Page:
In the wise words of my coworker Lisa, God Help the Child doesn’t quite pack the punch of some of Morrison’s most successful novels, but frankly, it doesn’t have to be her best work for me to call it my favorite book of last year. Stylistically, Morrison is a master, and her prose is as lyrical as ever. In one of my favorite paragraphs of the novel, Booker recalls a memory of Adam skateboarding, the last time he saw his brother before his disappearance.

“It was early September and nothing anywhere had begun to die. Maple leaves behaved as though their green was immortal. Ash trees were still climbing toward a cloudless sky. The sun began turning aggressively alive in the process of setting. Down the sidewalk between hedges and towering trees Adam floated, a spot of gold moving down a shadowy tunnel toward the mouth of a living sun.”

Toni Morrison – Home

Morrison is without question one of the most important authors in the world today, and, at age 84, she doesn’t seem to have lost her touch. We are lucky to still have her around, publishing a novel every three to five years. It is a truly special experience to read a literary giant during her own lifetime.

God Help the Child will be out in paperback on January 26. Also, if you enjoy being read to, check out the audiobook read by the author in her signature mesmerizing voice.

The Strangeness on My Shelf

Jacket (4)Imagine you’re broke (if you aren’t already), and you’ve just shown up to your successful cousin’s wedding. You’re without a gift, but even worse, you’re without a date. Old relatives are walking by and pinching your cheek asking when they’ll be able to come to your wedding.

You’ve just opened a bottle of vodka and are drinking from under the table as you watch family endow the newlyweds with lavish gifts. Then it happens: a moment so powerful, your life changes irreparably. Someone is looking your way. They make direct contact with you; with eyes that inspire such transformative romance, you spend the following years waxing poetic and sending love letters.

This is precisely what happened to the hapless protagonist, Mevlut, in Orhan Pamuk’s newest novel A Strangeness in My Mind.

Mevlut is a classic Pamuk protagonist, helplessly unaware, frustratingly stubborn, almost detestable, but eerily familiar, as if somehow at any moment you could lose focus and become the Mevlut of your own story. Unbeknownst to him, Mevlut finds himself as the groundzero for a massive tug-of-war much larger than his life, much larger than Istanbul, even larger than Turkey itself.

The story is centered around Mevlut’s move to Istanbul from a rural, more conservative Turkish village. Mevlut is a struggling street vendor, trying to catch the wave of new capital and European currency flowing in the streets. He’s attempting to make a living plying a trade that is on the brink of non-existence. But, it is what his father taught him to do, and he never finished school so he’s compelled to continue doing the one thing that he knows well.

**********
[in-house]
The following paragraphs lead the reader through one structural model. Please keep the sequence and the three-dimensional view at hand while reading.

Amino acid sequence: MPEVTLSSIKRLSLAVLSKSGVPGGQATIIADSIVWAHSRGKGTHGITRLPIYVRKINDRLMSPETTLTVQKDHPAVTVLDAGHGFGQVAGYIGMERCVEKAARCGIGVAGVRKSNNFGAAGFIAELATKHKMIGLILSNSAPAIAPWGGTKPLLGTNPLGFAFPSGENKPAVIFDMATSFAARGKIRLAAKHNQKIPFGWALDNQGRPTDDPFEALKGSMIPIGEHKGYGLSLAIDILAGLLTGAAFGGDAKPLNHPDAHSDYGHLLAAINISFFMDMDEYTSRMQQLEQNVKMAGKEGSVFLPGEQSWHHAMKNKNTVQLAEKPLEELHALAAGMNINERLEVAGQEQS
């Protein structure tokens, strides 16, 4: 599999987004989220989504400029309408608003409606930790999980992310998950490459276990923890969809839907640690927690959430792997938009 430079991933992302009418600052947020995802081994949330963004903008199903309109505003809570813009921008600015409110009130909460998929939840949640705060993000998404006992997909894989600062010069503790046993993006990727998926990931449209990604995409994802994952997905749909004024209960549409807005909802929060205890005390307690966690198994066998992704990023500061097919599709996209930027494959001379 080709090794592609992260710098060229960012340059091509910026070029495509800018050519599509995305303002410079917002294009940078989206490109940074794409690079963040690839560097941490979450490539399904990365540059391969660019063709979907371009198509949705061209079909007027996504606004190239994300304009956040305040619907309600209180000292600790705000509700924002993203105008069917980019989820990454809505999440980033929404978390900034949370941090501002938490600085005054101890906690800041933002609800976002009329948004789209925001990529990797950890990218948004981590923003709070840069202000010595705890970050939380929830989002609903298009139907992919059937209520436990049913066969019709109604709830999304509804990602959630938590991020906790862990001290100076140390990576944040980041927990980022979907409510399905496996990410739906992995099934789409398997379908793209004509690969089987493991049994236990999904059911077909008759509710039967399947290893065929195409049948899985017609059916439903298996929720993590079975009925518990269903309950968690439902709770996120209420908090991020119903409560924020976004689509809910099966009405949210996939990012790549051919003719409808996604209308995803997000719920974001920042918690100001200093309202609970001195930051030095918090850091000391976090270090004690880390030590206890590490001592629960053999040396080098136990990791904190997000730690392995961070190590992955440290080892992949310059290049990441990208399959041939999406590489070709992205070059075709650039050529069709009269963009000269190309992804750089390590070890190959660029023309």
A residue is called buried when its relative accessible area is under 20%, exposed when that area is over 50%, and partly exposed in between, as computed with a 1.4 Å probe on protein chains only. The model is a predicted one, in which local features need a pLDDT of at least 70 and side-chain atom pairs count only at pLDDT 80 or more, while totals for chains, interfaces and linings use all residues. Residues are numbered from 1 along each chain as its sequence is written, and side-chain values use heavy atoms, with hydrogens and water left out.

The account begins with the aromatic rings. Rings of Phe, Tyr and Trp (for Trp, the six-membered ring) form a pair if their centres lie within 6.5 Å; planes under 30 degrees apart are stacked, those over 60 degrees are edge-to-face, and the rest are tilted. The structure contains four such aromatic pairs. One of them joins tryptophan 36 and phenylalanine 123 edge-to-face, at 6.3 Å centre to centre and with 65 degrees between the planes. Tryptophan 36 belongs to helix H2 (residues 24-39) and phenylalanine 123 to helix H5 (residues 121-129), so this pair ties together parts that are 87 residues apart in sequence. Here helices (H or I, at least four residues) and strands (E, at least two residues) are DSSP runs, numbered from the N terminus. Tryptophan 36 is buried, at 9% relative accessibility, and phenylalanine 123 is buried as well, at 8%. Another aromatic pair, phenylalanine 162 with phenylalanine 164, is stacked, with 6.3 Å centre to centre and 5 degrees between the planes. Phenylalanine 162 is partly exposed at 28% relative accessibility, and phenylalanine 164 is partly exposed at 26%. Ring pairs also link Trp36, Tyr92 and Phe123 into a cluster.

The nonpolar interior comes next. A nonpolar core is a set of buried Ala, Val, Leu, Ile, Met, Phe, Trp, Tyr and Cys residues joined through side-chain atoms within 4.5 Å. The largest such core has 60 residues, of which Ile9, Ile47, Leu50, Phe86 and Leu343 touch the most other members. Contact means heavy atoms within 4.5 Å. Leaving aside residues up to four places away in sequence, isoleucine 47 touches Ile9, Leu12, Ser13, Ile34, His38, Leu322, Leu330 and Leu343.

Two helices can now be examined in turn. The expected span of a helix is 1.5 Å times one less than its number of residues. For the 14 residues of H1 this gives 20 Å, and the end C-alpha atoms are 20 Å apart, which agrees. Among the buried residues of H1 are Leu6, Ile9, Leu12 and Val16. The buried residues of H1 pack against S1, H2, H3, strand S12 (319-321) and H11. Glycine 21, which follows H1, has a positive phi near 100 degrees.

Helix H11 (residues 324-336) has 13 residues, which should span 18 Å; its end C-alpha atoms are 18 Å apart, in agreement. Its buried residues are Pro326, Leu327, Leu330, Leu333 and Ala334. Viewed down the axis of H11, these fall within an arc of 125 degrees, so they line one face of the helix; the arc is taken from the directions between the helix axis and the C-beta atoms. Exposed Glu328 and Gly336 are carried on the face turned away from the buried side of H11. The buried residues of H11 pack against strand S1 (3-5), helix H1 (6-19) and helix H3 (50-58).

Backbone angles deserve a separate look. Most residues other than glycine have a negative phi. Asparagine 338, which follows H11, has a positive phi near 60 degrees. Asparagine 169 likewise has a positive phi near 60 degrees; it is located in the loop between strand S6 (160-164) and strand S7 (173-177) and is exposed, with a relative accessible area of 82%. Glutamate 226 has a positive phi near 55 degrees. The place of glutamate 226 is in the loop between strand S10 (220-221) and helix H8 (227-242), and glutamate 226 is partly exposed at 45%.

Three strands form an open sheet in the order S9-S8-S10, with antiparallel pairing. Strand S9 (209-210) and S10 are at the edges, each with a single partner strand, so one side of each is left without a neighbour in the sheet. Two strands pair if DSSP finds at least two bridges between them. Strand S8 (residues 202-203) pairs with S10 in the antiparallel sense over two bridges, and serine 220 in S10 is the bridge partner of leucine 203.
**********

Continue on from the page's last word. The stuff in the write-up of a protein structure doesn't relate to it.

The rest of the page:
Istanbul becomes the subtle protagonist as it begins to throb with life around Mevlut. Streets once empty are filled with chatter. Women walk without veils and bars serve Raki, a strong, Turkish liquor. Mevlut doesn’t despise the new Istanbul, but he’s rather like our moms and dads trying to use an iPhone—he gets frustrated seeing the things he’s comfortable with being replaced by new things that operate in new ways.

The neighborhoods of Istanbul are segregated in profound complexities. In so many moments, these mixed communities explode with violence between nationalists and communists, east and west, north and south, Islamist and secularist, and Turks and Kurds. But Istanbul, in all of its ambition and old-world mystique, will overcome all challenges and remain smack dab in the middle of the world.

Photograph of Orhan Pamuk by Jerry Bauer

Photograph of Orhan Pamuk by Jerry Bauer

Speaking from experience, I can tell you that A Strangeness in My Mind is an adrenaline rush for news junkies. The novel covers a vast period of Istanbul’s history, from adolescence to maturity. It won’t skip over hardship, car bombs, thugs, and systemic corruption in order to romanticize the city. Rather, it provides an unheard history attuned to a Western audience.

As a personal note, I began reading A Strangeness in My Mind, ironically, over turkey during thanksgiving. Irony aside, the climate is no laughing matter, and the political situation involving Erdogan’s contested election and the subsequent attack on Russian aircraft, then the assassination of the most powerful Kurdish lobbyist cannot be correctly understood via western media sources. A Strangeness in My Mind is a conduit to understanding Turkey, Pamuk’s guiding hand will provide an eager reader with a powerful emotional connection to the myriad of communities coexisting there.

“SPQR” Lives Up to the Hype

Jacket (1)I love reading about pretty much any historical period. But I really love reading about Rome! I memorized toga styles once- it’s kind of an obsession. So I was excited that a Roman history book has been flying off the shelf this past month. I decided to try it, and I wasn’t disappointed. Remitto!